British police are also interested in meeting with Dmitry Kovtun, a business consultant, and Vyacheslav Sokolenko, who heads an association of security agencies. Both men also met Litvinenko at the Millennium Hotel with Lugovoy.

The British also want to meet with Mikhail Trepashkin, a former FSB officer who is serving a four-year sentence on charges of divulging state secrets. Trepashkin, like Litvinenko, had investigated a series of apartment bombings in Russia in 1999 that were among the triggers for a second war between Russian forces and separatists in the southern republic of Chechnya.

Trepashkin accused his former colleagues in the security services of organizing the bombings. Human rights groups including Amnesty International have expressed concern that he was prosecuted to stop his unsanctioned inquiry.

Trepashkin's lawyers released a letter in which the prisoner asserted that the FSB had created a list of people, including Litvinenko, who should be assassinated, and he requested a meeting with the British, saying he had relevant information about the case.

A spokesman for the Russian prison system told the Russian news agency Interfax that such a meeting would not happen. "The Federal Penitentiary Service will not allow a person convicted for divulging state secrets to remain a source of information for representatives of foreign special services," the spokesman said.

Chaika ridiculed the idea. "Seven hundred thousand people are prisoners as Trepashkin is, let's interrogate 400,000 of them, what if they tell something," he said.

A prison administrator filed a request with a Russian court Tuesday asking that Trepashkin be transferred to a more secure prison, Interfax reported.

Lynne Featherstone, a member of the British Parliament who said Litvinenko was one of her constituents, said there is so much speculation in the case that Russia should fully cooperate to "lift the cloud."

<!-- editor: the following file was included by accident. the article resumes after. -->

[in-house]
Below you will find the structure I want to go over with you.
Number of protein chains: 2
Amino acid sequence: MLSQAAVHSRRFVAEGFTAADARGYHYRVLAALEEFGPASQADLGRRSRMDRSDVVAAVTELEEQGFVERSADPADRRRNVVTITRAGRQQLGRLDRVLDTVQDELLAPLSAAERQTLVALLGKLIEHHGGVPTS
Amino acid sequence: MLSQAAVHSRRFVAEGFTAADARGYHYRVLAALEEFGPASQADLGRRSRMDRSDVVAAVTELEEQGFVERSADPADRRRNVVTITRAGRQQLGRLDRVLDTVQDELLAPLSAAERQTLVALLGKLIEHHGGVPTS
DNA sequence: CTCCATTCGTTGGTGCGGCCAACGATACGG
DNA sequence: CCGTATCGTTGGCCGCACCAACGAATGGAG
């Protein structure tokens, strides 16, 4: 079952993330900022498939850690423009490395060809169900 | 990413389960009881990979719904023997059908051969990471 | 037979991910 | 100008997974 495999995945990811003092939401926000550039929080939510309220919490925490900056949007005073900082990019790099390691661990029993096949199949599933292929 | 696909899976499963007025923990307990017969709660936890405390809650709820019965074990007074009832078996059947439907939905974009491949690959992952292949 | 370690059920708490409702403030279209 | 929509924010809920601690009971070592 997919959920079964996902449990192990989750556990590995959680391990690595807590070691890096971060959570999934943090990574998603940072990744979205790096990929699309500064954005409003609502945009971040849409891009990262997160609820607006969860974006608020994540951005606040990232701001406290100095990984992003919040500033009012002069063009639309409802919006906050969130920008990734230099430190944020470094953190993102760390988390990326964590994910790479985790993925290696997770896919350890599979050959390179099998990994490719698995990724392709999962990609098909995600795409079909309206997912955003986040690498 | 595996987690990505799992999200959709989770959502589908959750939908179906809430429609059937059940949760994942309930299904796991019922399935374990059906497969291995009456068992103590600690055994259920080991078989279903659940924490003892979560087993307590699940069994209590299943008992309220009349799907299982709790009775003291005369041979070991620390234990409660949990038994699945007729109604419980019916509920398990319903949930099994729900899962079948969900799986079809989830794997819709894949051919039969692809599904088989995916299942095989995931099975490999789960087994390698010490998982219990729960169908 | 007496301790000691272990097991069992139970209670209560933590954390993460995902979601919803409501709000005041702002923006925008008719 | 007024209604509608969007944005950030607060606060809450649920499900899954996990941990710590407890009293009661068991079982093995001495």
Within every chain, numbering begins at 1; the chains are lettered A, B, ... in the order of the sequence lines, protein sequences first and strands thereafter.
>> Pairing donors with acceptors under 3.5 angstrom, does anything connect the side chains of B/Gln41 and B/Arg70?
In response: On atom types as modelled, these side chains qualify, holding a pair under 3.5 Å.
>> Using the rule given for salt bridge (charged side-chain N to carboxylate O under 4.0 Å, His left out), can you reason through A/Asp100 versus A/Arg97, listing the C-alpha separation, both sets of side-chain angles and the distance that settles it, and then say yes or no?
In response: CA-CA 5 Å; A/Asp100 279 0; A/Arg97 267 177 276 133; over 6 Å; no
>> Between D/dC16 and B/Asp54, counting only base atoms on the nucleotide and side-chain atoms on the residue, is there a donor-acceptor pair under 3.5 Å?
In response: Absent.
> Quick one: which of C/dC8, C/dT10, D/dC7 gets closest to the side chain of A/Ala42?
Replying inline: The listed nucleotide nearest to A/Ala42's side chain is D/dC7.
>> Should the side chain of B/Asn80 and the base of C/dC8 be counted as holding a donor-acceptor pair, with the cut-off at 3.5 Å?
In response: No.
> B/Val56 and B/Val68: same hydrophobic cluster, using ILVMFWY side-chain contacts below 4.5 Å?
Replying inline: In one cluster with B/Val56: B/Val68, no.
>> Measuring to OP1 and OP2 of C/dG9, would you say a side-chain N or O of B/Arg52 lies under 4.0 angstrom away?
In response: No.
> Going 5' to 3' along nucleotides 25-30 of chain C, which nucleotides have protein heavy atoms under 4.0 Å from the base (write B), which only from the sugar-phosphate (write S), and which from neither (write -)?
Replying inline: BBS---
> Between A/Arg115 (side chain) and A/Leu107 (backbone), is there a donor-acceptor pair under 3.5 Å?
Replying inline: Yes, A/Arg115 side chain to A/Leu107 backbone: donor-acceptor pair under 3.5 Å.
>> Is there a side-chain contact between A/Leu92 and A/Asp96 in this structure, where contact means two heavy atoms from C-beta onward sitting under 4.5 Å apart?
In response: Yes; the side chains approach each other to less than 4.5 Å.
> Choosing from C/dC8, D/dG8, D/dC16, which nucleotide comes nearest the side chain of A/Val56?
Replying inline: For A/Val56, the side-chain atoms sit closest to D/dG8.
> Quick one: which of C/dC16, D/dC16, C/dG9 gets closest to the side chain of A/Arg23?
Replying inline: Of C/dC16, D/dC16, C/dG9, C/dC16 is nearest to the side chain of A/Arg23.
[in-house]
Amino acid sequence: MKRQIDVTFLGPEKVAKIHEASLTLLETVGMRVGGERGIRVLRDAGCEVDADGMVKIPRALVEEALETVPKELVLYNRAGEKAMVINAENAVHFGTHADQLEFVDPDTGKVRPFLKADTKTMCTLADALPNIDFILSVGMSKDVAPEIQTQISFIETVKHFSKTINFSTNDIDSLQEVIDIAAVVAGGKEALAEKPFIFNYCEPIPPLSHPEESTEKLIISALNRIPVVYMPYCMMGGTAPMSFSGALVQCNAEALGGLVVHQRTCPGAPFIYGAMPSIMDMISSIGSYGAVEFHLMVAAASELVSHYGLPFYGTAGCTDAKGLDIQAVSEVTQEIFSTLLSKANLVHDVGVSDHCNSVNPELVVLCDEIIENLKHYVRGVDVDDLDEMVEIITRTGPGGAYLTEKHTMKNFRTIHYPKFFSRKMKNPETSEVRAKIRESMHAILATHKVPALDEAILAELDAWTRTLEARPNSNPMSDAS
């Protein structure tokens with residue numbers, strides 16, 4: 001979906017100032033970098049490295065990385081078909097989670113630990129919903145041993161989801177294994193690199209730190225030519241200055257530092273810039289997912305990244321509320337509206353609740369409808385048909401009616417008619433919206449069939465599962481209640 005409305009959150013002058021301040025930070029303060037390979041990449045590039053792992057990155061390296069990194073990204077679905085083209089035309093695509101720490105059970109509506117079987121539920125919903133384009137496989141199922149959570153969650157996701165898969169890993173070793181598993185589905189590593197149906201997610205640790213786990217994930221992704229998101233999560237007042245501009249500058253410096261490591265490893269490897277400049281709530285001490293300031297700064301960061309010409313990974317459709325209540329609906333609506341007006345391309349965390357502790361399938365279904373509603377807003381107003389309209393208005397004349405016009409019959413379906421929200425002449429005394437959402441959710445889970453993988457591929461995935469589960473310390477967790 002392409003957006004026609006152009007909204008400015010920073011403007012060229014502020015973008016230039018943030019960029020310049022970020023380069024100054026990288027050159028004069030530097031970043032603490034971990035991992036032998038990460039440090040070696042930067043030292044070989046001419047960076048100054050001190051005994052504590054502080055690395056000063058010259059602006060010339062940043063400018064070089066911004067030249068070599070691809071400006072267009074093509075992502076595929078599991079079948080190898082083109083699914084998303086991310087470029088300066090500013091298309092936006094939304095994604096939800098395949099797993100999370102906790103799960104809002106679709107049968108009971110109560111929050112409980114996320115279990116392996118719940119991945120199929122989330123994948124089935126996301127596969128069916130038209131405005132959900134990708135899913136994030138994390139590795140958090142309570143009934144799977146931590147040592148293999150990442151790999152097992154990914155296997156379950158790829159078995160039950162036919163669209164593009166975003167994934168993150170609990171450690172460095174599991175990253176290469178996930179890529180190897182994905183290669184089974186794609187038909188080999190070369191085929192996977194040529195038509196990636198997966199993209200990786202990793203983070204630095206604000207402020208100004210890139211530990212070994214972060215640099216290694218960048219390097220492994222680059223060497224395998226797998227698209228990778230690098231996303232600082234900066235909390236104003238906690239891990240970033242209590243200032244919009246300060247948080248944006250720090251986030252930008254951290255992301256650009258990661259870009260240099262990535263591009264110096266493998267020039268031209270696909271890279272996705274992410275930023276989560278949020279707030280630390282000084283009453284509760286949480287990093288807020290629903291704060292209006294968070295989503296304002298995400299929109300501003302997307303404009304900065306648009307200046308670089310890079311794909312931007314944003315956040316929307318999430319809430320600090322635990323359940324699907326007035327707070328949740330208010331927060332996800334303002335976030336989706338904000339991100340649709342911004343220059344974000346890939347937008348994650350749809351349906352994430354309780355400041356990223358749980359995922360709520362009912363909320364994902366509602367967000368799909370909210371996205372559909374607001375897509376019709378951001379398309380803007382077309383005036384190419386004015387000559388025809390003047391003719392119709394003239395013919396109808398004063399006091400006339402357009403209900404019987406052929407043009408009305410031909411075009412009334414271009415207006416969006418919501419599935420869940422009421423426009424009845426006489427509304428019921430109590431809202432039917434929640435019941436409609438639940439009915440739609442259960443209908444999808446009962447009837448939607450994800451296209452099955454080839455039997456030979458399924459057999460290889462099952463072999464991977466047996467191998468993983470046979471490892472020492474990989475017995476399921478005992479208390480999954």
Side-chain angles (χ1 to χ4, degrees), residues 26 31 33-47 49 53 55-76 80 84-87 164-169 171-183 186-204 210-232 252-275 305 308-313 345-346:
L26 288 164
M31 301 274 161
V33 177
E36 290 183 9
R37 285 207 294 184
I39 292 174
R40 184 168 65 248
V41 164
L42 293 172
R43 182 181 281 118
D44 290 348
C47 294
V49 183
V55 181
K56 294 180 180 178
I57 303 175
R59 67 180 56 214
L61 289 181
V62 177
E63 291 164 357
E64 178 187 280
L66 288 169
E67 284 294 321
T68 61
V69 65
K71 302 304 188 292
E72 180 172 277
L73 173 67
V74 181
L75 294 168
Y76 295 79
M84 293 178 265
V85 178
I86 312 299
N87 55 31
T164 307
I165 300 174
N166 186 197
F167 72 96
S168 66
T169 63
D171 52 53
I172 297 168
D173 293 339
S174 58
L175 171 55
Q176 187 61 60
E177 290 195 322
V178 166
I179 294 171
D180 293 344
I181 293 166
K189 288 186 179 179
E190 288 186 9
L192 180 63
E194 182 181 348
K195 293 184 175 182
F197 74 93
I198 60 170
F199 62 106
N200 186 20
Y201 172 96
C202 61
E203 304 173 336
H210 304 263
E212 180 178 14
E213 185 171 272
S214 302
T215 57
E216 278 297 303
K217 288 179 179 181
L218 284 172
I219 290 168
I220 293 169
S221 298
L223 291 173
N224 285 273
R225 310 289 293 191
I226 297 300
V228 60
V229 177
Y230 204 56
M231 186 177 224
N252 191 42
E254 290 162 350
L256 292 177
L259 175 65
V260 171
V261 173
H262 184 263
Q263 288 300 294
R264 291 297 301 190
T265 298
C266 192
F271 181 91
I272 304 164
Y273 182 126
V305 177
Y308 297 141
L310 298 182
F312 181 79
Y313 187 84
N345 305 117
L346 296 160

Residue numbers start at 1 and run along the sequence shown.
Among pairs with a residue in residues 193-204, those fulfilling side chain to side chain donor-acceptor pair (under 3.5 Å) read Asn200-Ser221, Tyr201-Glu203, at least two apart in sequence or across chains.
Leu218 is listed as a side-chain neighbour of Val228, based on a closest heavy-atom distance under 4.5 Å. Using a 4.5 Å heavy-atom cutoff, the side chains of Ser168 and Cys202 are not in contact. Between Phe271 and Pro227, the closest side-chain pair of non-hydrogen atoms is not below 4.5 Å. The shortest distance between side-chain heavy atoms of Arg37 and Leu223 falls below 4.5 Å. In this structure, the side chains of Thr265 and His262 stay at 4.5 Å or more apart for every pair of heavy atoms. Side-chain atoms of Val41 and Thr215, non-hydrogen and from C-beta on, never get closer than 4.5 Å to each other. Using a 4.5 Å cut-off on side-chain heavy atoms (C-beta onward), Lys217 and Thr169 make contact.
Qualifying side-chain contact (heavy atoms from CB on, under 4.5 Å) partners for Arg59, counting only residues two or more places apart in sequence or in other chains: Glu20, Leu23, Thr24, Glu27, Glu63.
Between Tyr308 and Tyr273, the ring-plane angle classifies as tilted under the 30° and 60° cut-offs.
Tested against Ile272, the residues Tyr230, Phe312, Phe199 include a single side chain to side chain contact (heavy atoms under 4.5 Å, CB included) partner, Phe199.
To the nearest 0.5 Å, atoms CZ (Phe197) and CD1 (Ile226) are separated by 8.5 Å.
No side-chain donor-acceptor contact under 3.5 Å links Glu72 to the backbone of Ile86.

"Nothing is solved by leaving it in the dark," she said.

Chaika also said any suspects would be tried in Russia. Extradition has long been a touchy subject between London and Moscow. British courts have refused to hand over Boris Berezovsky, an exiled Russian tycoon who clashed with Putin, and Akhmed Zakayev, a Chechen separatist who received asylum in Britain. Both men were close associates of Litvinenko.

"The British side will sooner or later be forced to extradite them, because every day there is more and more evidence that they have committed crimes," Chaika said. "This is actually a case where there are political motives for their non-extradition."

Chris Bryant, a Labor Party member of the British Parliament, said in an interview that "I think there is a feeling in Russia that we are behaving outrageously" by not extraditing Berezovsky and others wanted by Russia, but that a judge had ruled those prosecutions were politically motivated.

Jordan reported from London.